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Pregnancy And Dentistry

It’s one of the most exciting, most elating things on earth. In a way, yes it’s a miracle. We’re talking about having a baby. But pregnancy may bring some questions along.

A pregnant lady may be in doubt about going to a dentist, since no mother-to-be want her child to be exposed to chemicals and other stuff. So, best way to break these kind of doubts, is to know what is right and what is wrong for a pregnant.

Please check out these headlines:

  • The most common drugs used by dentists have been shown to be safe for use in pregnancy with a few exceptions. 
  • The second trimester through the first half of the third trimester is the safest time to provide dental treatment.
  • During a patient’s first trimester, start a preventive care program consisting of plaque control and oral hygiene instruction.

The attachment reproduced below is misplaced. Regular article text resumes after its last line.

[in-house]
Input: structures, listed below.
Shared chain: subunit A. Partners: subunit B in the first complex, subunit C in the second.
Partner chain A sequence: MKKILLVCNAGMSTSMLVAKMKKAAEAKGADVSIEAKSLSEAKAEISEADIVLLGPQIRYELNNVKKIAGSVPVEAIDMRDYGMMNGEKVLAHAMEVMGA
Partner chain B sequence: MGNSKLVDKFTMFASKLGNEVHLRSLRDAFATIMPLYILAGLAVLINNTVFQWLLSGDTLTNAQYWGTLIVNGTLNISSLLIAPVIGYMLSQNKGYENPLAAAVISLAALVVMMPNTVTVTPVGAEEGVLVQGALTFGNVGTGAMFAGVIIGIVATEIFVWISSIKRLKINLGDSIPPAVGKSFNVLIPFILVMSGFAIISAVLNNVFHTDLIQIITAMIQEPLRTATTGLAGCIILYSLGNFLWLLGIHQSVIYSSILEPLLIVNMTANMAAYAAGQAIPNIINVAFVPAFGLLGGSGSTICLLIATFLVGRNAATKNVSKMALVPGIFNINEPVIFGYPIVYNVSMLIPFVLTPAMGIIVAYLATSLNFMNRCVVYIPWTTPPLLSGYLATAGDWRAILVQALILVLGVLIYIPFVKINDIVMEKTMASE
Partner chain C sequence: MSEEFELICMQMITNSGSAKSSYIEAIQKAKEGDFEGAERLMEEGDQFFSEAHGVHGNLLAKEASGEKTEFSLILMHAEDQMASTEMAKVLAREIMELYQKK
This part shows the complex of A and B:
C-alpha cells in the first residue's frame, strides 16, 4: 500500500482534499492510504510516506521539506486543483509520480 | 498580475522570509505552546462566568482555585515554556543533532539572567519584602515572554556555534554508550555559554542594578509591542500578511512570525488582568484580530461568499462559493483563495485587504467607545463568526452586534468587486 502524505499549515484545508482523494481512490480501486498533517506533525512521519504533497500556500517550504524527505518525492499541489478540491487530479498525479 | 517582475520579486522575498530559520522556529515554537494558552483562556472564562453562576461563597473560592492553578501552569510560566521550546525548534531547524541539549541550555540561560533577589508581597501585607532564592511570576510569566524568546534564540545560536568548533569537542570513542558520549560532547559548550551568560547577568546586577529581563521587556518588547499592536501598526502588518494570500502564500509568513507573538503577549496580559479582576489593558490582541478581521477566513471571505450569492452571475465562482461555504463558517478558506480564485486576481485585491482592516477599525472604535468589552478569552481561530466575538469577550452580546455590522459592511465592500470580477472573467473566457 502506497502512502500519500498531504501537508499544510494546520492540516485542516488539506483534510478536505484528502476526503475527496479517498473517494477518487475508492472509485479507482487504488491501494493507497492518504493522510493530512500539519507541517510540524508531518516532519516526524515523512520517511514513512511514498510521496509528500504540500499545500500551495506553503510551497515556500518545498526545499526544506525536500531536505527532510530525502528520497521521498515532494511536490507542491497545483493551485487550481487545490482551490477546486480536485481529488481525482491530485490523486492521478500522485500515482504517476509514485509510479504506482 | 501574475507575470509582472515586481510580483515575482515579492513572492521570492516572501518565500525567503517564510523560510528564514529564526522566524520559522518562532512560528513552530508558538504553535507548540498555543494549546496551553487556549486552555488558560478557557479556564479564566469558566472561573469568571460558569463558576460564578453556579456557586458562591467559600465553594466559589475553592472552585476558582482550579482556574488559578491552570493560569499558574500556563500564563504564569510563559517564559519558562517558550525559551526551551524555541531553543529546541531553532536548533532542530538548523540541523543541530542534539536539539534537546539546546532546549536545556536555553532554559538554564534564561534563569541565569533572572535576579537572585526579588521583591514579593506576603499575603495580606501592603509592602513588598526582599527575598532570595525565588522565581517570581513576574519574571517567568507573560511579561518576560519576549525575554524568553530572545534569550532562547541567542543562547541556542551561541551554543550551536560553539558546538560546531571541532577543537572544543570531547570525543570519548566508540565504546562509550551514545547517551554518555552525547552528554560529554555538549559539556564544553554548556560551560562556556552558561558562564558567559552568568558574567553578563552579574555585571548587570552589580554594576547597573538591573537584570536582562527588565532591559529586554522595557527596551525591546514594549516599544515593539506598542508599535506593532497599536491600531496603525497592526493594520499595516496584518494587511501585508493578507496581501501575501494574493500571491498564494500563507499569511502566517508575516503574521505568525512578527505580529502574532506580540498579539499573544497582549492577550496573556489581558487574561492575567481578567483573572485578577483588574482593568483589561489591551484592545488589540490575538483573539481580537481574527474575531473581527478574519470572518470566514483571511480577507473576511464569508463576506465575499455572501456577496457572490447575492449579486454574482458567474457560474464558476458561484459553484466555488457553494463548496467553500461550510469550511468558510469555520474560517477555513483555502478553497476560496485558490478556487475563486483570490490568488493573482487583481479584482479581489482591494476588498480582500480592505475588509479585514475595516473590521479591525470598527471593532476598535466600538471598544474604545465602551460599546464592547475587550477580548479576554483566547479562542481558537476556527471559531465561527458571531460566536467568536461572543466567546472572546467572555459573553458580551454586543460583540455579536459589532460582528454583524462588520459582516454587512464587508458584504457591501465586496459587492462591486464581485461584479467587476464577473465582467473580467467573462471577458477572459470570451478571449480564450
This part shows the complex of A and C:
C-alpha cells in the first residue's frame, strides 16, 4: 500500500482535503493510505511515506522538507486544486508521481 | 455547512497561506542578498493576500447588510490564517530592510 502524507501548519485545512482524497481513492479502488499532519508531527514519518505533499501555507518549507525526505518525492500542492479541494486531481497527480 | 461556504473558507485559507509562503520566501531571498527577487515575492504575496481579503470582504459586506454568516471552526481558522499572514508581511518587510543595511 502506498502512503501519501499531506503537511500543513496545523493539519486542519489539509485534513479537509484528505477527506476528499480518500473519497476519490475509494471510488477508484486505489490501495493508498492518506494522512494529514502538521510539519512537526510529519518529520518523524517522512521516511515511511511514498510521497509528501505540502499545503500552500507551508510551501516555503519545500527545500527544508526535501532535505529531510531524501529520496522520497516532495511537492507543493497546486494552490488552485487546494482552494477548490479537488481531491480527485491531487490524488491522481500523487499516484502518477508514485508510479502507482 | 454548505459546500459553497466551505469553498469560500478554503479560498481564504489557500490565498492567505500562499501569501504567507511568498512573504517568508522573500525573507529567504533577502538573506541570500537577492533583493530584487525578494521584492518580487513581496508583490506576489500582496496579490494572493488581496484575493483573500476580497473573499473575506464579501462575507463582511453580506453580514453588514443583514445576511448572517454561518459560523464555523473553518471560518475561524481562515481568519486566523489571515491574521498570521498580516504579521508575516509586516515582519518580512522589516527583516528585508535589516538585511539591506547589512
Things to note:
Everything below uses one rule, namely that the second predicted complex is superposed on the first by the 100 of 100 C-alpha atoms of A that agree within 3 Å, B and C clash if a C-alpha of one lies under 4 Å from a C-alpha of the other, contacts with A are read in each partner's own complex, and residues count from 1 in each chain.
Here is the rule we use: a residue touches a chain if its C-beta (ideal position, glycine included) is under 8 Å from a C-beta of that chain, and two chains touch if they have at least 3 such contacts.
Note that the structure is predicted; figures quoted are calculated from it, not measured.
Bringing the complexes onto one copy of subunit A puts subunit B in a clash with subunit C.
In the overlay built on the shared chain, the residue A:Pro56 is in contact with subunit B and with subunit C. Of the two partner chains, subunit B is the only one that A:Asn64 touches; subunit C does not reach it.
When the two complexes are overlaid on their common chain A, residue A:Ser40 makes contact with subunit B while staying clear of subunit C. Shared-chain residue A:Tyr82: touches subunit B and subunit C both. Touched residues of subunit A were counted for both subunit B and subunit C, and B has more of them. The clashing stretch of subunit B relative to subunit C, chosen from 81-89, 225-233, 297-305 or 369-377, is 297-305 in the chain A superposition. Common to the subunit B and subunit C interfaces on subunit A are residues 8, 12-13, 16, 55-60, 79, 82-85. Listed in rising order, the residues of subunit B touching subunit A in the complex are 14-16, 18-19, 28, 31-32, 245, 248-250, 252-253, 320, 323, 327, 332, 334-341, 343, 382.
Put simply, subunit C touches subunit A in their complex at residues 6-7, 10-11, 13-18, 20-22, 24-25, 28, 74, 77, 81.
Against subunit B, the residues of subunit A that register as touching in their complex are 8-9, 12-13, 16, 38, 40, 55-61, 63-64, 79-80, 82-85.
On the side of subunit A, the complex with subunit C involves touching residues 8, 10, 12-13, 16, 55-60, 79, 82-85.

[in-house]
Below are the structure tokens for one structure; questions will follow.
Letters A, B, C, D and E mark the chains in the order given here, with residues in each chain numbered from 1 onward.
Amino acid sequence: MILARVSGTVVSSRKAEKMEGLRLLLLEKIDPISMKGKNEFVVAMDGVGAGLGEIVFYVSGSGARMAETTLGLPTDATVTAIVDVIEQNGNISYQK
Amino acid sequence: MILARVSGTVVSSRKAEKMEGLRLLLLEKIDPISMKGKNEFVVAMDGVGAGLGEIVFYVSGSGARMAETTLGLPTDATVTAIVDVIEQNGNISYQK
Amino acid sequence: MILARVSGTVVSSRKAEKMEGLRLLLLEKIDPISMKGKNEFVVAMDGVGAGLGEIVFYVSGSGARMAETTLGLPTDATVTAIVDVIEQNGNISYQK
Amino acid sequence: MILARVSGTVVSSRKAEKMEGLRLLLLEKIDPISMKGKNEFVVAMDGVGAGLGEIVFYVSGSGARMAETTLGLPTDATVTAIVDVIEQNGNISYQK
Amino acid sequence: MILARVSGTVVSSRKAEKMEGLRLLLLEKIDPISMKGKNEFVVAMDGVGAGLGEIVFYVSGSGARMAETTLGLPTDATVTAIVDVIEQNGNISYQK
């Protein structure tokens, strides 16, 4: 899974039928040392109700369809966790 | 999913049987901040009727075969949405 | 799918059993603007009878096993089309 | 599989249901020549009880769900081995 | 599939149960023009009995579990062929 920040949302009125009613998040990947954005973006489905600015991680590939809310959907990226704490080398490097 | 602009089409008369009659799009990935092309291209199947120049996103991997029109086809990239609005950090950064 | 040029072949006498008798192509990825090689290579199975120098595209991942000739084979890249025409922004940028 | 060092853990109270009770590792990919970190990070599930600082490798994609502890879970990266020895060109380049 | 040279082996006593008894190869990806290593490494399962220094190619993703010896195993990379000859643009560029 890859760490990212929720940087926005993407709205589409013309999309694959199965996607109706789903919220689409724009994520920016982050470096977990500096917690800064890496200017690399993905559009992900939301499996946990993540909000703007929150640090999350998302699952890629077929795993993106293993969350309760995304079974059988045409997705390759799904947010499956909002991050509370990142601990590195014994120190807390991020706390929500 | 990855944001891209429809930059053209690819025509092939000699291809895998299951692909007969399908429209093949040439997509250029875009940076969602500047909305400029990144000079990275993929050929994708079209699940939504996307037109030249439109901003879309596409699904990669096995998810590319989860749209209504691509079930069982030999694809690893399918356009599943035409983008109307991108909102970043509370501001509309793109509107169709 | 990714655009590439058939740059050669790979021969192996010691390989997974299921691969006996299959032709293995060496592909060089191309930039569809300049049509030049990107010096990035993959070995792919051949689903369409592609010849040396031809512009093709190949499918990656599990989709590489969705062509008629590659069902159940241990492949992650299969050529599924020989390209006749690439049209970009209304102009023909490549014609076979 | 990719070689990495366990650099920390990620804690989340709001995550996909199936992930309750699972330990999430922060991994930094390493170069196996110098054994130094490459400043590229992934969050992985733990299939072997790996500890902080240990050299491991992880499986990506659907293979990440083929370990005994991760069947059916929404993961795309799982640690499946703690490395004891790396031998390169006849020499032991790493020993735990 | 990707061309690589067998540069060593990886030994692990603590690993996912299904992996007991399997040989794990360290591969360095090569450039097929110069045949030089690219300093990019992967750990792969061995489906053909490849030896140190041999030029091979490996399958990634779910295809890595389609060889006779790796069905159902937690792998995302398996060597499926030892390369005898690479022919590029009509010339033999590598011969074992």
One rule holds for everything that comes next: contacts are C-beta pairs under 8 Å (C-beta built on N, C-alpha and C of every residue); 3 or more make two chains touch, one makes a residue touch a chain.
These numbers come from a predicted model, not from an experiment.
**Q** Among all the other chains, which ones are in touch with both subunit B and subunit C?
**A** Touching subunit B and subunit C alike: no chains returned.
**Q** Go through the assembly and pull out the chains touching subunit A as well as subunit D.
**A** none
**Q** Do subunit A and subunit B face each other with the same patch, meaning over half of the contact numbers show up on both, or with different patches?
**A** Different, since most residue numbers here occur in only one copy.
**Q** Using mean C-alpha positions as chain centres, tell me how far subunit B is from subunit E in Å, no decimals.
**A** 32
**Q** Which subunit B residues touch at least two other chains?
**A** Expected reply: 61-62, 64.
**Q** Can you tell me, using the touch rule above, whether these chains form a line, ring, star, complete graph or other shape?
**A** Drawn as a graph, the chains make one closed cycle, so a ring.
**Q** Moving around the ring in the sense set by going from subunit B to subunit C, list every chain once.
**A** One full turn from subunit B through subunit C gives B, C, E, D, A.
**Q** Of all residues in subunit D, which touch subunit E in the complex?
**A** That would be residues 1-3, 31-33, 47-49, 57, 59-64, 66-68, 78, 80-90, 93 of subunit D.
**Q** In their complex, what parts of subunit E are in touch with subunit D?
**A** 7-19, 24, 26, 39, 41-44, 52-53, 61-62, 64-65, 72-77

• Morning sickness is common and may cause permanent damage to the tooth enamel. The patient should rinse her mouth with water after vomiting rather than causing further damage with toothbrush abrasion.
  • In the third trimester, scaling and prophylaxis may be repeated to minimize hormonal gingival changes.

Treating A Pregnant Patient 

Several common things that take place during pregnancy can pose difficulty for a dental patient. Let’s call them alterations in normal physiology, and pregnancy-related pathology. As a woman goes through the 40 weeks of a full-term pregnancy, her body adapts to the baby and works harder. Vital signs may show a slight increase as all systems work for two. In some cases, a dangerous elevation of blood pressure must be addressed quickly, and for some women, total bed rest is prescribed. This elevation in blood pressure during pregnancy is called preeclampsia or eclampsia in more severe cases. While many women see their obstetricians or gynaecologist regularly, taking their blood pressure in a dental office provides another opportunity to intercept this potentially life-threatening condition before serious damage takes place to a woman or her baby.